## Content

### The second derivative

Given a function $$f(x)$$, we can differentiate it to obtain $$f'(x)$$. It can be useful for many purposes to differentiate again and consider the second derivative of a function.

In functional notation, the second derivative is denoted by $$f''(x)$$. In Leibniz notation, letting $$y=f(x)$$, the second derivative is denoted by $$\dfrac{d^2 y}{dx^2}$$.

The placement of the $$2$$'s in the notation $$\dfrac{d^2 y}{dx^2}$$ may appear unusual. We consider that we have applied the differentiation operator $$\dfrac{d}{dx}$$ twice to $$y$$:

$\Bigl(\dfrac{d}{dx}\Bigr)^2 y = \dfrac{d^2}{dx^2}\,y = \dfrac{d^2 y}{dx^2};$

or that we have applied the differentiation operator $$\dfrac{d}{dx}$$ to $$\dfrac{dy}{dx}$$:

$\dfrac{d^2 y}{dx^2} = \dfrac{d}{dx}\Bigl(\dfrac{dy}{dx}\Bigr).$

As we will see in the module Applications of differentiation , the second derivative can be very useful in curve-sketching. The second derivative determines the convexity of the graph $$y=f(x)$$ and can, for example, be used to distinguish maxima from minima.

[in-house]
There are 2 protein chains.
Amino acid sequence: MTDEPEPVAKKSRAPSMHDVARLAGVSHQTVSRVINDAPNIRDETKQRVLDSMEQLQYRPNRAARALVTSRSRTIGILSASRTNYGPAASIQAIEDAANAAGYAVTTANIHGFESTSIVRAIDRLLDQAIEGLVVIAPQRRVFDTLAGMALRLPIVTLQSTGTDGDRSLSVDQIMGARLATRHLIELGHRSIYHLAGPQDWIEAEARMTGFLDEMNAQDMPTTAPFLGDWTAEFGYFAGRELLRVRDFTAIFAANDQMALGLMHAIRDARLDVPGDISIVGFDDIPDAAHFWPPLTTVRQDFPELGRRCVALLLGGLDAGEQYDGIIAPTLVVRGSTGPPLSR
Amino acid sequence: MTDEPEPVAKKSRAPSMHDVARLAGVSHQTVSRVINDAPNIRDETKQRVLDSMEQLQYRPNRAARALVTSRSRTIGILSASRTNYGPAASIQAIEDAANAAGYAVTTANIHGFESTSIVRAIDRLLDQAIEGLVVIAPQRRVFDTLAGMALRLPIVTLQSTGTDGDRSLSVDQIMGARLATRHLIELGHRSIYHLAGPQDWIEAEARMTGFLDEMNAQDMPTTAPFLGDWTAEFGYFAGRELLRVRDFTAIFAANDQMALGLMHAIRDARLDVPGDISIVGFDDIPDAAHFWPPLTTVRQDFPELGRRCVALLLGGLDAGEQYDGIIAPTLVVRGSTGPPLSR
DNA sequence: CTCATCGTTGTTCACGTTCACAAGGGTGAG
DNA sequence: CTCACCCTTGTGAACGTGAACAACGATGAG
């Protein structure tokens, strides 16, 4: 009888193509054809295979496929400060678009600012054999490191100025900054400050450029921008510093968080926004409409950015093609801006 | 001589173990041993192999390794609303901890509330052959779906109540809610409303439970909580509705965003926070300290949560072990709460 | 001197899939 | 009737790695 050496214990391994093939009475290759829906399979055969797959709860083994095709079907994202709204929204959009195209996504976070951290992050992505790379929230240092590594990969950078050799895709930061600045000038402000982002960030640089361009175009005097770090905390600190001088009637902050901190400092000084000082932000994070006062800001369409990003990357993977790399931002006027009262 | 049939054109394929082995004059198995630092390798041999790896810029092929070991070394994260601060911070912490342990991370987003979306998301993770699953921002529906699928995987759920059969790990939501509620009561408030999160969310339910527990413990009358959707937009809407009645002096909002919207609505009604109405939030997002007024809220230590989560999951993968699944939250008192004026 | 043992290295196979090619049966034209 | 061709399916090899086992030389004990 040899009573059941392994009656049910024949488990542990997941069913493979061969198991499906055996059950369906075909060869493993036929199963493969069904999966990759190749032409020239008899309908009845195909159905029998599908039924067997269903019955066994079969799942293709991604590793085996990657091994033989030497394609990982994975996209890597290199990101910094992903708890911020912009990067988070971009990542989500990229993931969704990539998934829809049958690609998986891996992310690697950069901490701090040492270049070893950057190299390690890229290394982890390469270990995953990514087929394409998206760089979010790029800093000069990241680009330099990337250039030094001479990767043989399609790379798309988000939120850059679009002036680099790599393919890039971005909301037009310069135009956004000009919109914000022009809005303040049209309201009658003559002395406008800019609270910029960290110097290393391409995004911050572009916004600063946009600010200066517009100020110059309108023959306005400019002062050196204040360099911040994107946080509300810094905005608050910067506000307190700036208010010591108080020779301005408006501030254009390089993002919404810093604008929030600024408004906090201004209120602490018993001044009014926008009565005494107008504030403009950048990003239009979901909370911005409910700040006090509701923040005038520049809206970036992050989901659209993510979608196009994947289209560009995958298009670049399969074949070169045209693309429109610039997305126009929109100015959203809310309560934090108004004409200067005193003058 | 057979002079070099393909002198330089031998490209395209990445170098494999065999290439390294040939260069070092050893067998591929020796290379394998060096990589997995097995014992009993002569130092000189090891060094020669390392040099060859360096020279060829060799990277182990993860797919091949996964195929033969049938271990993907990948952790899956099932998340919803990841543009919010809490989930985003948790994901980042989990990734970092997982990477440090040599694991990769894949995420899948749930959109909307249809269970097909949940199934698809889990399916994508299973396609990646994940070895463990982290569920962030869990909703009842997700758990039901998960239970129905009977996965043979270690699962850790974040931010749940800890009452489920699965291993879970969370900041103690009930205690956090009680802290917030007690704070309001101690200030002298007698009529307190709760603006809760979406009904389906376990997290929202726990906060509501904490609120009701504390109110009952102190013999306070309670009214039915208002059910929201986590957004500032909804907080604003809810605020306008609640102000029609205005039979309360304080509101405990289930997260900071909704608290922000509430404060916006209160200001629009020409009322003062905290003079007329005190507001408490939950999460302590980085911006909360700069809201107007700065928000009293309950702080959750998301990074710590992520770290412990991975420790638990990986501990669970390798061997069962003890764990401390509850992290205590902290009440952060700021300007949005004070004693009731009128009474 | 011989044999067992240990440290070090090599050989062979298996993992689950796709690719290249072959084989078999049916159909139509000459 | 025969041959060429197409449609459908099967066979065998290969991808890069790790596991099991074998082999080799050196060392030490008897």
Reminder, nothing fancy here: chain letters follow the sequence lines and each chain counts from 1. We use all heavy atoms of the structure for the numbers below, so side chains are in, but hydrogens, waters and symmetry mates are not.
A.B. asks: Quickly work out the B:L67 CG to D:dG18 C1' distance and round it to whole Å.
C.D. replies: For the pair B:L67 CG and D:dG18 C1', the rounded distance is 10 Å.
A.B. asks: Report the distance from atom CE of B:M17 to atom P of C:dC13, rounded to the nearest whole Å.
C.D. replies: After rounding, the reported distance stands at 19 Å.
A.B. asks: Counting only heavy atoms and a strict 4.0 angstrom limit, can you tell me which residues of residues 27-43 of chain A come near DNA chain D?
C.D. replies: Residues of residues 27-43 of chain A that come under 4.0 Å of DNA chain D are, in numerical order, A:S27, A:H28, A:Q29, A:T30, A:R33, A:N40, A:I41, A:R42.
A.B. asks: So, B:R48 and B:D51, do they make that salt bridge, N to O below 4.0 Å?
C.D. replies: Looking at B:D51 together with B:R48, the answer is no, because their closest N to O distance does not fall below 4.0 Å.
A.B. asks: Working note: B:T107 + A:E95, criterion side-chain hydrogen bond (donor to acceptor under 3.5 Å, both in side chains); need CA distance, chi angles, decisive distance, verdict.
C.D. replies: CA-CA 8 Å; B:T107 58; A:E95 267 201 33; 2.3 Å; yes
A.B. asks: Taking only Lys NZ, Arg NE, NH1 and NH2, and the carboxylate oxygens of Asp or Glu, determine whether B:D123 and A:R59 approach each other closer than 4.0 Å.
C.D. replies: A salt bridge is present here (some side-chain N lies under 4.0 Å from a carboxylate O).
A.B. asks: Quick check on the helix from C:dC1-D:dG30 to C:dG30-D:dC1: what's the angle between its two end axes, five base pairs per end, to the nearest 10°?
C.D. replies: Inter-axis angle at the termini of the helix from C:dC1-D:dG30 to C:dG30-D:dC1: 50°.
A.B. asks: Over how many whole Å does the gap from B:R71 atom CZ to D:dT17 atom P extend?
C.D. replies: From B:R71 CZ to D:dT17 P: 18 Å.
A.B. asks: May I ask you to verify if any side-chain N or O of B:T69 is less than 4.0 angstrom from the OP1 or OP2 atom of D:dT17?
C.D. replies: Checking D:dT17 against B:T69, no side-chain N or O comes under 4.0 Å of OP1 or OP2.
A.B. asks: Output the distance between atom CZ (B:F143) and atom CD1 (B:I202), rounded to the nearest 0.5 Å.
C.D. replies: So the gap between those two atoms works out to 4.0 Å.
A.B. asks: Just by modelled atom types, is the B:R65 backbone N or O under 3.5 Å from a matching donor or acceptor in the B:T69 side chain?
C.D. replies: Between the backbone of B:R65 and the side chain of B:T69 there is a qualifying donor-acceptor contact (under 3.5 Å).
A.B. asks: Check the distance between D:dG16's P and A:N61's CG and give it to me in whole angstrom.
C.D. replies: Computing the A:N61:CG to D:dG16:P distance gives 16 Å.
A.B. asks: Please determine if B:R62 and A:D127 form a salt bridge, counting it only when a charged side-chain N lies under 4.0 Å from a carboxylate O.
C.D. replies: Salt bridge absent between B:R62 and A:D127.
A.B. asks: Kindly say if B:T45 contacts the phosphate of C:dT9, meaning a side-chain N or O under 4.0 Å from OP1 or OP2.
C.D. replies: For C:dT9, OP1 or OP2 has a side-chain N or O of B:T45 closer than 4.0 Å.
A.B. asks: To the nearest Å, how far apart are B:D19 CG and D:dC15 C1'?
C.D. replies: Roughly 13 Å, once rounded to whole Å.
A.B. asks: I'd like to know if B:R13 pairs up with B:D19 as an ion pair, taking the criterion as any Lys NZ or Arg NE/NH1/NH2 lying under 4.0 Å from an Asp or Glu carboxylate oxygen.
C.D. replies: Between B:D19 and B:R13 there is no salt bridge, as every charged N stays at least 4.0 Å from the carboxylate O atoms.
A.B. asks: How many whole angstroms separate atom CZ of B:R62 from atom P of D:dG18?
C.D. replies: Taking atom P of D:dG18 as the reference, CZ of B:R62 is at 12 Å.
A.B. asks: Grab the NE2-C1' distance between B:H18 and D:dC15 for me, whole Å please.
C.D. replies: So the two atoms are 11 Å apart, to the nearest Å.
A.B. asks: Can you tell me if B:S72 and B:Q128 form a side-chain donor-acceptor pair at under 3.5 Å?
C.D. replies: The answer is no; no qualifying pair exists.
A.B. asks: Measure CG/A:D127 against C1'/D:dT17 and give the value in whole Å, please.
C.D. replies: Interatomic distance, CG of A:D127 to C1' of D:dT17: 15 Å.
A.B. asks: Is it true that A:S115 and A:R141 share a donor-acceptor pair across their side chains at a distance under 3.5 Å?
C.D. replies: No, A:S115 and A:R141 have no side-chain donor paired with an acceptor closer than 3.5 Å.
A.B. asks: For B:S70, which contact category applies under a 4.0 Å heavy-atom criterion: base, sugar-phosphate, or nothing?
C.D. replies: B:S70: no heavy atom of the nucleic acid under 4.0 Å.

The second derivative can also have a physical meaning. For example, if $$x(t)$$ gives position at time $$t$$, then $$x'(t)$$ is the velocity and the second derivative $$x''(t)$$ is the acceleration at time $$t$$. This is discussed in the module Motion in a straight line .

#### Example

Find the second derivative of $$f(x) = x^2$$.

#### Solution

We have $$f'(x) = 2x$$, and so $$f''(x) = 2$$.

This example implies that, if you ride your bike and your position is $$x^2$$ metres after $$x$$ seconds, then your acceleration is a constant 2 m/s$$^2$$.

#### Example

Let $$y = x^7 + 3x^5 + x^{\dfrac{3}{2}}$$. Find $$\dfrac{d^2 y}{dx^2}$$.

#### Solution

The first derivative is

$\dfrac{dy}{dx} = 7x^6 + 15 x^4 + \dfrac{3}{2} x^{\frac{1}{2}},$

so the second derivative is

$\dfrac{d^2 y}{dx^2} = 42 x^5 + 60 x^3 + \dfrac{3}{4} x^{-\frac{1}{2}}.$
##### Exercise 18

Let $$f(x) = (x^2 + 7)^{100}$$, as in exercise 11. What is $$f''(x)$$?

##### Exercise 19

Suppose the position of an object at time $$t$$ is given by

$x(t) = 1 - 7t + (t-5)^4.$

Show that $$x''(t) \geq 0$$ for all $$t$$, so that acceleration is always non-negative.

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